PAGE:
Posted by: Tyler Mills | July 18, 2011

Jumper by Stephen Gould

Jumper by Stephen Gould is a contemporary science fiction novel published in 1992. I came looking for this book after seeing the movie that is based (very, very, loosely) on the novel. I was drawn to the story by a very simple question. “What would you do if you could teleport?” David Rice gets a chance to answer that question when he accidentally “jumps” to the public library to avoid being beaten by his abusive father. David decides to use his powers to escape his past and run away from home.

Some time later, after getting mugged and having to face survival on the streets, David uses his powers to rob a bank and enjoys a life of travel, reading, and enjoying the delights of the New York culture scene. David meets and falls in love with a tourist named Millie and decides to hide his abilities from her. In addition, he decides to find his mother who abandoned him when he was a child.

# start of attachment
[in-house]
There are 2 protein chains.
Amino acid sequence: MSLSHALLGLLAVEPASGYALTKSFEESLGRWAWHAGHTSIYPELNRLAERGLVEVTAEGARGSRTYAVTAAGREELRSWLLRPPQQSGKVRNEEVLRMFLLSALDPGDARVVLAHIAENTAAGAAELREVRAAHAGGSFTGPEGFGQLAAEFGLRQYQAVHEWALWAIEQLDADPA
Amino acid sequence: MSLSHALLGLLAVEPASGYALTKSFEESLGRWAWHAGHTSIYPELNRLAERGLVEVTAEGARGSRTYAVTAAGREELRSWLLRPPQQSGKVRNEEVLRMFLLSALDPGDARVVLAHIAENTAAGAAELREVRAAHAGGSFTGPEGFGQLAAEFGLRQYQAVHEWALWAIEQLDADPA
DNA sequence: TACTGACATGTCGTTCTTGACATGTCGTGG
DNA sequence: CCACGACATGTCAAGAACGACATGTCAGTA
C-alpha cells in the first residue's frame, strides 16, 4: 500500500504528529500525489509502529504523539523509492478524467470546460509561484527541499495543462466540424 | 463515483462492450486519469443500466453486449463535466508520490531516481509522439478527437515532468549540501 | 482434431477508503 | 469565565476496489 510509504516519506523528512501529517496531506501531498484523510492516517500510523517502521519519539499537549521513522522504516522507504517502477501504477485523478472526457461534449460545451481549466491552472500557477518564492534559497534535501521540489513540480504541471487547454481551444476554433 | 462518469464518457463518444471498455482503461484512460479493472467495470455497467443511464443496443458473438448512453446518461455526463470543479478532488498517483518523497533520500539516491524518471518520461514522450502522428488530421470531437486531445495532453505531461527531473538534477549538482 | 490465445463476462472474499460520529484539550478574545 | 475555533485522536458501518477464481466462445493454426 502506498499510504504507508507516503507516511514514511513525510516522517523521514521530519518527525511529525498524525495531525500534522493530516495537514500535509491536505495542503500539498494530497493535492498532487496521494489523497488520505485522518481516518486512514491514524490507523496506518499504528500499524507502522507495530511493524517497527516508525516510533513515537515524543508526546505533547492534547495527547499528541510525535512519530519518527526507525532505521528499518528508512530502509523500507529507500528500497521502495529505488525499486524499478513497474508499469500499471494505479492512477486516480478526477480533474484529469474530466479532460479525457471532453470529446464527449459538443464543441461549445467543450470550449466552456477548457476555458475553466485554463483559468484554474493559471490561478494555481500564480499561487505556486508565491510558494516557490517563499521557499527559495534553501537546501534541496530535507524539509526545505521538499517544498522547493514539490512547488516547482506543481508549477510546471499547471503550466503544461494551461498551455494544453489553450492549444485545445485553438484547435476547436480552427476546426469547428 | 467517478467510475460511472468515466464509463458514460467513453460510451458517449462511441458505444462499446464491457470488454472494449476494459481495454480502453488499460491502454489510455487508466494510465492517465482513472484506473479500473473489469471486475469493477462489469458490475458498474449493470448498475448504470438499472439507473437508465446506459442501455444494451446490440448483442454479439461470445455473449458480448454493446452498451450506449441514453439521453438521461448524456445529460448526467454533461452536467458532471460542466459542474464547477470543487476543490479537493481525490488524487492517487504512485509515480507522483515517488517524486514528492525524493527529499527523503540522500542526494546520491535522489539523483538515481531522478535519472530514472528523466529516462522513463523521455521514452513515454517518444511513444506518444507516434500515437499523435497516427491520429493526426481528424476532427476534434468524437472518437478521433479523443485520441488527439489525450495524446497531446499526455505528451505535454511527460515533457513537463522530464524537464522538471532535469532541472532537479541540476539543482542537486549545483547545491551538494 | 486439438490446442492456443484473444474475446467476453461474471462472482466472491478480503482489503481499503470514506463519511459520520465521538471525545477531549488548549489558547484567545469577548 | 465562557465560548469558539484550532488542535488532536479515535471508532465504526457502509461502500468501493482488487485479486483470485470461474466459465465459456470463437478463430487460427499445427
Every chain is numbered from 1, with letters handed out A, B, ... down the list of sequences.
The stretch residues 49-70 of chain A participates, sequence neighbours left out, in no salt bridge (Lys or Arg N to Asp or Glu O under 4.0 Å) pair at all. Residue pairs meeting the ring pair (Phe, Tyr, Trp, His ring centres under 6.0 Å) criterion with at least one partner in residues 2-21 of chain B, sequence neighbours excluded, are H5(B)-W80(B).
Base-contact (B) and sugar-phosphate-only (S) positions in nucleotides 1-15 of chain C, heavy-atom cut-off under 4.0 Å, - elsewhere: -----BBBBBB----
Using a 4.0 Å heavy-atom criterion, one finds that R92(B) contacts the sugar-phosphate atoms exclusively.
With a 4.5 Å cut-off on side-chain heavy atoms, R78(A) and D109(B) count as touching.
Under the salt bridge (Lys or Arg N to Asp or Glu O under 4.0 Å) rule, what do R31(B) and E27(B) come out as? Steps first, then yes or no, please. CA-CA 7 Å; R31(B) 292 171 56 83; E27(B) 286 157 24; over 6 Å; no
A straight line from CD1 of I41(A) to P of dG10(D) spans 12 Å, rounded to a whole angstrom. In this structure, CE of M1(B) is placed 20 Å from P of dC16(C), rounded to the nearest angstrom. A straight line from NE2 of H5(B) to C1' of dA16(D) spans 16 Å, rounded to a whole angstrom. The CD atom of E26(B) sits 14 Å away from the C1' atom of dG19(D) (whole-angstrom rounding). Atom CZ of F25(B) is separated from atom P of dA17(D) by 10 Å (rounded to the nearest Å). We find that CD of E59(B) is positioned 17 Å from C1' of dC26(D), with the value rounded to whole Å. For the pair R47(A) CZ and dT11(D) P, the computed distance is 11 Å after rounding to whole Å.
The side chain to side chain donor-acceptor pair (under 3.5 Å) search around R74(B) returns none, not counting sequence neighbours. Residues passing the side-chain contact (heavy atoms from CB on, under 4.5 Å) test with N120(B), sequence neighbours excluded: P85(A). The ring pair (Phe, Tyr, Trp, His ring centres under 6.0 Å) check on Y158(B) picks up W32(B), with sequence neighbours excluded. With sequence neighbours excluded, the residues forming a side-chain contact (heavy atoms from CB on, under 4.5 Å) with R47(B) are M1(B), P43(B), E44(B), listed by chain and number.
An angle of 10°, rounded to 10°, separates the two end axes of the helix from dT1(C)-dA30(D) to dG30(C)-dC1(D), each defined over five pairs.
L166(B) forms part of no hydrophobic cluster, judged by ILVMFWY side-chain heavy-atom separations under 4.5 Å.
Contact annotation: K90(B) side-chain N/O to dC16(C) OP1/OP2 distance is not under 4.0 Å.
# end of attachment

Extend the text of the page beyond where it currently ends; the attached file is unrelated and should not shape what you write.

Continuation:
The plot thickens significantly in the latter half of the book when the New York Police and later the National Security Agency become aware of David and his powers. They make the mistake of kidnapping Millie and earn the ire of a angry and desperate teleporter.

I enjoyed the story but one thing that bothered me was the frequency of profanity and sexual references. At times David was also a confusing character. He clearly has some serious psychological issues because of his past but occasionally it seemed like Gould would turn on a switch labeled “generic psychological angst” in which David would go from a smart, independent teleporter with some clear issues to a psychotic mental patient who is a danger to himself and others. I felt that David’s mental state and struggles could have been portrayed in a more clear and effective manner.

In my opinion the physical use of jumping and the science behind it was well thought out and explained satisfactorily. I also felt that David behaved logically for someone who discovers he has a super power. Overall I would say the book was a solid read, a 6.5/10 or so on an Tyler’s Scale of Book Rating Awesomeness.


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